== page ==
How to predict the future

Predicting the future seems like an impossible task, but there is a trick to it. It’s less about guessing what’s next, and more about piecing together what’s already here. A veritable mash up of tools, behaviour and incentives.  Sure, there will always be unexpected turns in events – economic externalities, social backlash and political events which we’ll never predict. But, the vast majority of the time, what is about to occur in business or an industry is there to be seen, and acted upon a long time before it happens at scale. The way I do it is by observing three things in particular.

Anthropology: This is what doesn’t change. Or that which changes very slowly – human behaviour. We are running a very old piece of software as humans – a 400,000 year old code, otherwise known as our DNA. By studying our human proclivities we can observe patterns which demonstrate what we value and how we’re likely to behave in a given set of circumstances. We need to study behaviour, everywhere we go. Paying attention pays dividends.

Technology: This is what does change. The tools we use to get things done, and they are in a constant state of flux. If the barriers to entry are lower enough to switch to a better, more efficient and enjoyable method of getting anything done – we will. The trick, is that very often the tool is available a long time before it is widely distributed. It first must be affordable and available geographically before we can embrace it. When we study what’s next in technology it’s easy to see where shifts are likely to occur because most emerging technologies follow price/ performance ratios which are very predictable. This happens both at the industrial and consumer level. Importantly, the eventual adoption of a new technology can’t be based on utility alone, it must also be socially acceptable to our species. Google Glass comes to mind as an example of something we simply didn’t like. Likewise, large corporations often find it difficult to embrace new technology for weirdly social reasons. Because new technology ignores both the financial and emotional investment a company may have made in now outdated infrastructure. Legacy firms often get disrupted because they fall in love with their tools and systems, instead of the problem they are meant to be solving for people. Read here – successful humans don’t like change.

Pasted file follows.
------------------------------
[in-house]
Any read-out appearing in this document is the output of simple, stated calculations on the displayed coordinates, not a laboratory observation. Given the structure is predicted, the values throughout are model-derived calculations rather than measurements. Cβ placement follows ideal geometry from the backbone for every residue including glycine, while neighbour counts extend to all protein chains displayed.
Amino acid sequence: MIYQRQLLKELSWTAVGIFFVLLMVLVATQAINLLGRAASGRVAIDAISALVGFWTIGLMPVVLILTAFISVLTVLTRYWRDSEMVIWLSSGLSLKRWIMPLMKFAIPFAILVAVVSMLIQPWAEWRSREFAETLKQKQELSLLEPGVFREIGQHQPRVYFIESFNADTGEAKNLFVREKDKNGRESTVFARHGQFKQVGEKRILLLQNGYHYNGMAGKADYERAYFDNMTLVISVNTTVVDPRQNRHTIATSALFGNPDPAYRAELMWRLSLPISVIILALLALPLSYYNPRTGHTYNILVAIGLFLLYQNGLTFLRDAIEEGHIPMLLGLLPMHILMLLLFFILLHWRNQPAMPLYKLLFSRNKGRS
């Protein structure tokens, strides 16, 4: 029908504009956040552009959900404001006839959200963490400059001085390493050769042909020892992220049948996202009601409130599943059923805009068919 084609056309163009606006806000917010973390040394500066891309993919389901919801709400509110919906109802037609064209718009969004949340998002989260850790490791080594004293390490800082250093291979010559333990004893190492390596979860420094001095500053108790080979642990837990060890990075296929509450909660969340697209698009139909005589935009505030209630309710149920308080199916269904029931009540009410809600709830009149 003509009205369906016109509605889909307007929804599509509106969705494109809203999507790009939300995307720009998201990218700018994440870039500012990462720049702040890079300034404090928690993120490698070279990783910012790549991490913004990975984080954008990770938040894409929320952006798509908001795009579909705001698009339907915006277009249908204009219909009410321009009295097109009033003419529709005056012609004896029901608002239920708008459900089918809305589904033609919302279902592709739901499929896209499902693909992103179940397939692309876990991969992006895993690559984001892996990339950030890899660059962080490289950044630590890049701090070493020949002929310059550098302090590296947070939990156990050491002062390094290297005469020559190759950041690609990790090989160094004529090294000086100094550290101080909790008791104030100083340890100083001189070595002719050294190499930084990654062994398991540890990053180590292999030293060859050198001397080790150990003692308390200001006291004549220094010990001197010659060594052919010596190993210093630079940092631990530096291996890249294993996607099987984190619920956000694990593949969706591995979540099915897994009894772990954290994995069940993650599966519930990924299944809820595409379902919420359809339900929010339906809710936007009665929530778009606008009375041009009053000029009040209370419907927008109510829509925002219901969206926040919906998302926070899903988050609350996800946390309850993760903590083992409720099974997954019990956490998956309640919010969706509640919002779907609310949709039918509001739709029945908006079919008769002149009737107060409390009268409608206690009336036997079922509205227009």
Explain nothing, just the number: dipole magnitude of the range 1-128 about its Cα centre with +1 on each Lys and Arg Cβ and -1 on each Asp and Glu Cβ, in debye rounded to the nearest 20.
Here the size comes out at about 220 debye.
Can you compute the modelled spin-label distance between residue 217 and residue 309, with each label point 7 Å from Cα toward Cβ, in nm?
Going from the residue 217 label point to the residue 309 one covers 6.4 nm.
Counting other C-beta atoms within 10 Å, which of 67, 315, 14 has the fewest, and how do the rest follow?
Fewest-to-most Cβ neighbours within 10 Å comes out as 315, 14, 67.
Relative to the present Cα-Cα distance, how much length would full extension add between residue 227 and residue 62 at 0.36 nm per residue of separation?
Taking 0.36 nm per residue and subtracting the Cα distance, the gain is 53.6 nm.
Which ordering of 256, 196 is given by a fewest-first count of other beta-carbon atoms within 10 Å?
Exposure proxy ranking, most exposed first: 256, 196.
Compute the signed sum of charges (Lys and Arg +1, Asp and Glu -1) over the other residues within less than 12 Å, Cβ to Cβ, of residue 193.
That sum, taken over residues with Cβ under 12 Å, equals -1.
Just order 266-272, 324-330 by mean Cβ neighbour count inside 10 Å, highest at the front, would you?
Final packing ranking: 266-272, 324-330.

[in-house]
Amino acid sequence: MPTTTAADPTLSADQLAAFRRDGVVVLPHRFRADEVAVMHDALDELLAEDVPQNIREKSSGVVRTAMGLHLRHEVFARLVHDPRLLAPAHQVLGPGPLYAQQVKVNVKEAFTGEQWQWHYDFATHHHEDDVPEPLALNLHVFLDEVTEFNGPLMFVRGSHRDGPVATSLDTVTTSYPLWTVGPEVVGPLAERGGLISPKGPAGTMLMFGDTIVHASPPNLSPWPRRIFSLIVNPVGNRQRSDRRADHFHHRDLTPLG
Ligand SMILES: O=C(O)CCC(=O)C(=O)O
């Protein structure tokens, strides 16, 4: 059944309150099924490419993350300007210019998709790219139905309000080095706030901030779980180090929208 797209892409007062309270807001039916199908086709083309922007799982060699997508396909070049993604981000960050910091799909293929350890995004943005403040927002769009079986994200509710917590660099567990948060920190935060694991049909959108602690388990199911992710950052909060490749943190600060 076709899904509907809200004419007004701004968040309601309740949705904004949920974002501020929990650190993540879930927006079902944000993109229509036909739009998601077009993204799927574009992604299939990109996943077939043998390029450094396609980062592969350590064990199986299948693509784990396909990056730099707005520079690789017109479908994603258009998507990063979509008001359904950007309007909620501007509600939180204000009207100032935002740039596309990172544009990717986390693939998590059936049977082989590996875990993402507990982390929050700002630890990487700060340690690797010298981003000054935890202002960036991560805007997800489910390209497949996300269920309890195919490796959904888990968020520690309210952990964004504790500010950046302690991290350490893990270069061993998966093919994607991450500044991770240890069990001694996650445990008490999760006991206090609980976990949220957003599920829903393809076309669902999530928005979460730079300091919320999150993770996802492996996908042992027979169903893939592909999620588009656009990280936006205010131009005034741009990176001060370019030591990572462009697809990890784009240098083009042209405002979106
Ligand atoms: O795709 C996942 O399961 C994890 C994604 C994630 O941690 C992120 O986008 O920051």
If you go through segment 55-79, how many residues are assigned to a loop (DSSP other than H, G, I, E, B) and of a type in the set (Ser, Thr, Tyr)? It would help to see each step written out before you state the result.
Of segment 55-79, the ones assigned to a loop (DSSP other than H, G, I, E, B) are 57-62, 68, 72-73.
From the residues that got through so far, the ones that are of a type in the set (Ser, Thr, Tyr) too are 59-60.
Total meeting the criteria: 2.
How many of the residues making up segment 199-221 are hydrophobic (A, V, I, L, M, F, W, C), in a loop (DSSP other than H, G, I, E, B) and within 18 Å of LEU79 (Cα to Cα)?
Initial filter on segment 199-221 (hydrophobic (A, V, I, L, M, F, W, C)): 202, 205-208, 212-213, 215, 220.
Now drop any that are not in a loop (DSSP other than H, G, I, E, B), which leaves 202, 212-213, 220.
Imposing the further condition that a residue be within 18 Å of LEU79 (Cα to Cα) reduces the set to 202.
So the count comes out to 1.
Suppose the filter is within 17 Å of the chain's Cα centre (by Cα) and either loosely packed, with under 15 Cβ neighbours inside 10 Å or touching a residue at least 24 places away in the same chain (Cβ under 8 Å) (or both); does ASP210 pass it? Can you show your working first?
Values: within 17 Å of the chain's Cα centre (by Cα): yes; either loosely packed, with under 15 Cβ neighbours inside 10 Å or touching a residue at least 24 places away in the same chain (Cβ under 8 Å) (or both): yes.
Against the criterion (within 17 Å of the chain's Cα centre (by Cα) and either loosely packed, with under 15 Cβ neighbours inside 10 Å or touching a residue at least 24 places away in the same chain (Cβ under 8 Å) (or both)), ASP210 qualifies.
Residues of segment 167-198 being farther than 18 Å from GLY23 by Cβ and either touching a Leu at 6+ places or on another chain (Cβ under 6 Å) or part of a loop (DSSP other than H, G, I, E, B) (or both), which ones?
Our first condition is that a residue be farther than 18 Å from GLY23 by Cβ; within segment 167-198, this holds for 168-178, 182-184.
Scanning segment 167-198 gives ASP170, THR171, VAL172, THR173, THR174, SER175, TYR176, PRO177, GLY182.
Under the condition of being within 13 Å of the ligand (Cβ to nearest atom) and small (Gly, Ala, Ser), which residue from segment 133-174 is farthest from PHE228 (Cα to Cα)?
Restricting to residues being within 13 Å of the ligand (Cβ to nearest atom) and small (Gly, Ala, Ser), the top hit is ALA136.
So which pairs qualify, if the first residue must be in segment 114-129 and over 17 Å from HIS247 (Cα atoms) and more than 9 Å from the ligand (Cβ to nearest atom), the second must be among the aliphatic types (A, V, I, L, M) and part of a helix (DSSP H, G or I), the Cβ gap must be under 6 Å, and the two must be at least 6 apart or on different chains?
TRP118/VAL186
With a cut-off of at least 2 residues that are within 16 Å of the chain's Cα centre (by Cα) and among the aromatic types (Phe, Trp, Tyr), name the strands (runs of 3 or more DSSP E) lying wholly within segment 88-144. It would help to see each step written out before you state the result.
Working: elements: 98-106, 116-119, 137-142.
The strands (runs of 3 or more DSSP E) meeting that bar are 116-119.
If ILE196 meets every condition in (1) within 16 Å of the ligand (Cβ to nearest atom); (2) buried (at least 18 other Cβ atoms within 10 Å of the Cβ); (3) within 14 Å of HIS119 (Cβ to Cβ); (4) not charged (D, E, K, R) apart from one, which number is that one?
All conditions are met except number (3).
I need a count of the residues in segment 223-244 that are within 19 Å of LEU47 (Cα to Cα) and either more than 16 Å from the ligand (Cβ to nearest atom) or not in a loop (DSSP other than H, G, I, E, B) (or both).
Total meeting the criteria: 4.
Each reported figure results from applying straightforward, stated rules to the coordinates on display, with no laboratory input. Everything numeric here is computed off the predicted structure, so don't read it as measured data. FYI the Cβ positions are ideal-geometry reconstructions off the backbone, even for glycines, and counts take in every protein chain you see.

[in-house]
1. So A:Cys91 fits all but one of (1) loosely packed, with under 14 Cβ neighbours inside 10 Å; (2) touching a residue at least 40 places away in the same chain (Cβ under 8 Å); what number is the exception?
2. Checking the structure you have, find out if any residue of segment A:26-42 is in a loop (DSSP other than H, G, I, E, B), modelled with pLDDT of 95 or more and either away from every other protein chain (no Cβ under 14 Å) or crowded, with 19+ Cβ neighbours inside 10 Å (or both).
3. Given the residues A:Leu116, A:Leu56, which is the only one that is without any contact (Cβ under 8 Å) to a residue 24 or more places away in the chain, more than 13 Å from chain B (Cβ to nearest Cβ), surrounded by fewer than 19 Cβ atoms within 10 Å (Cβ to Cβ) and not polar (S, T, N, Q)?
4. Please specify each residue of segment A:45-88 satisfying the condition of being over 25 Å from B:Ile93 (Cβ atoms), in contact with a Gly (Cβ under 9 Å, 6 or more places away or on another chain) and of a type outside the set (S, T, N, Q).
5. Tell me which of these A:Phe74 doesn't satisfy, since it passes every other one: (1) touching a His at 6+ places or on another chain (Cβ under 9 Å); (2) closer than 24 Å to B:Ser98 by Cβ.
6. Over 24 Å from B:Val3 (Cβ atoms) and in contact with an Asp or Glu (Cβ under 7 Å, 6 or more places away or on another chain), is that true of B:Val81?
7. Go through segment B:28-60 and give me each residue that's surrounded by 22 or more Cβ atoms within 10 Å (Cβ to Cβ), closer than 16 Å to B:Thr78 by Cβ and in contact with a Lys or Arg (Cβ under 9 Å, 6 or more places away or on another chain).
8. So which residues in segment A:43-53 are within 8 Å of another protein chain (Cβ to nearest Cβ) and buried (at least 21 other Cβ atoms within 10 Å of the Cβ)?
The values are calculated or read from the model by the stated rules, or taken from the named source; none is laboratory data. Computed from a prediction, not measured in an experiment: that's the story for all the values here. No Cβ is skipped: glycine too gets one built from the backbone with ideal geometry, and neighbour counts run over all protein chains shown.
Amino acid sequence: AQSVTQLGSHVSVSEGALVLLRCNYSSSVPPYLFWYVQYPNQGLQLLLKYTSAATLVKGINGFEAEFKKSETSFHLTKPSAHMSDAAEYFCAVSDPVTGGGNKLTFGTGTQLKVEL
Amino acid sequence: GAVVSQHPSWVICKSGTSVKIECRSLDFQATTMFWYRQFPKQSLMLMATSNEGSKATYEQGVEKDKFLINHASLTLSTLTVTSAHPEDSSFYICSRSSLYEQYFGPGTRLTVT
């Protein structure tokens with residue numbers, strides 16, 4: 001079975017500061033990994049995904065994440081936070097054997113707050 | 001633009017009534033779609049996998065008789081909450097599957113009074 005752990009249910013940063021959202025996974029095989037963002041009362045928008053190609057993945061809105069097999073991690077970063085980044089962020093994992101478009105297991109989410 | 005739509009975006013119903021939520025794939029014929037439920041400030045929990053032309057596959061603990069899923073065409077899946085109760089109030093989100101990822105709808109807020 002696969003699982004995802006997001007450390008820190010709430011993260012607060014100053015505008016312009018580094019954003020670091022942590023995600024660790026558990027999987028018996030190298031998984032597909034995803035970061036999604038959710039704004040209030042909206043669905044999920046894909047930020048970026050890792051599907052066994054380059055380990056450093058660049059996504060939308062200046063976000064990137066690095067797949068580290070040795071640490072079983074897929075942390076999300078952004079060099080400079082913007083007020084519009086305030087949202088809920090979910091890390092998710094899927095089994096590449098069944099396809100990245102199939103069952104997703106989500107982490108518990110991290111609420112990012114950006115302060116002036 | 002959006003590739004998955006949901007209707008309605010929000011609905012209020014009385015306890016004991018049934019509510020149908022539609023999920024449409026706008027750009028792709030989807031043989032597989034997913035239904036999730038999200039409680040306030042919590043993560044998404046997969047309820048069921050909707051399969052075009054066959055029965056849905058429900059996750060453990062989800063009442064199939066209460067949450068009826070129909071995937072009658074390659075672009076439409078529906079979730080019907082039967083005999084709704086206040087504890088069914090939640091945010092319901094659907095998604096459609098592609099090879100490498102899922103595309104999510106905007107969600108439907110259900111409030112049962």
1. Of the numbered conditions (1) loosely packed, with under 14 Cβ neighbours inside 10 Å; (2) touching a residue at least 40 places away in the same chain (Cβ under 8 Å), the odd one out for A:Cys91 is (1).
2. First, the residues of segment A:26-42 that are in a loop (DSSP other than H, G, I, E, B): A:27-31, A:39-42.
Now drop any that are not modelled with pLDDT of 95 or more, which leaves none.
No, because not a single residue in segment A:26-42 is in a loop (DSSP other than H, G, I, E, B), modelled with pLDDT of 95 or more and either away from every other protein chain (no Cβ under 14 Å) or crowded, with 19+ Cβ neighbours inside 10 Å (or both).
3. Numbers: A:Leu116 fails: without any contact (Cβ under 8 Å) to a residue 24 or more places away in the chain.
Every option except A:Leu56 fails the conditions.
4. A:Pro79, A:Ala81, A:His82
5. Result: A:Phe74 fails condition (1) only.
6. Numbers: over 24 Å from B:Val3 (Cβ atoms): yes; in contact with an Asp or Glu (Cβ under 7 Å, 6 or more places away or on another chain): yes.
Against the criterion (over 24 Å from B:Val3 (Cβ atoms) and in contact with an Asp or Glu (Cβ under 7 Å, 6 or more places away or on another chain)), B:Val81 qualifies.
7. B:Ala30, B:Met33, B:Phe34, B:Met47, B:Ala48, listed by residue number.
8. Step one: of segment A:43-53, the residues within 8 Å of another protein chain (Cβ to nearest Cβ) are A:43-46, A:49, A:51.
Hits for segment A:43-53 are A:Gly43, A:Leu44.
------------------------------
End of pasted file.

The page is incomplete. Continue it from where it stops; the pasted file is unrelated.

Economics: This is what ties to the above two elements together. A simple way to define economics is the study of incentives. Wider incentives are what shapes our behaviour, and in turn influences the way money flows around people and the systems we live inside. The question we need to ask here, is will this technology facilitate the way people behave and provide a big enough incentive for them (Corporations and Consumers) to move to this new way of getting things done. If so, how will it change the way money, things and people move around.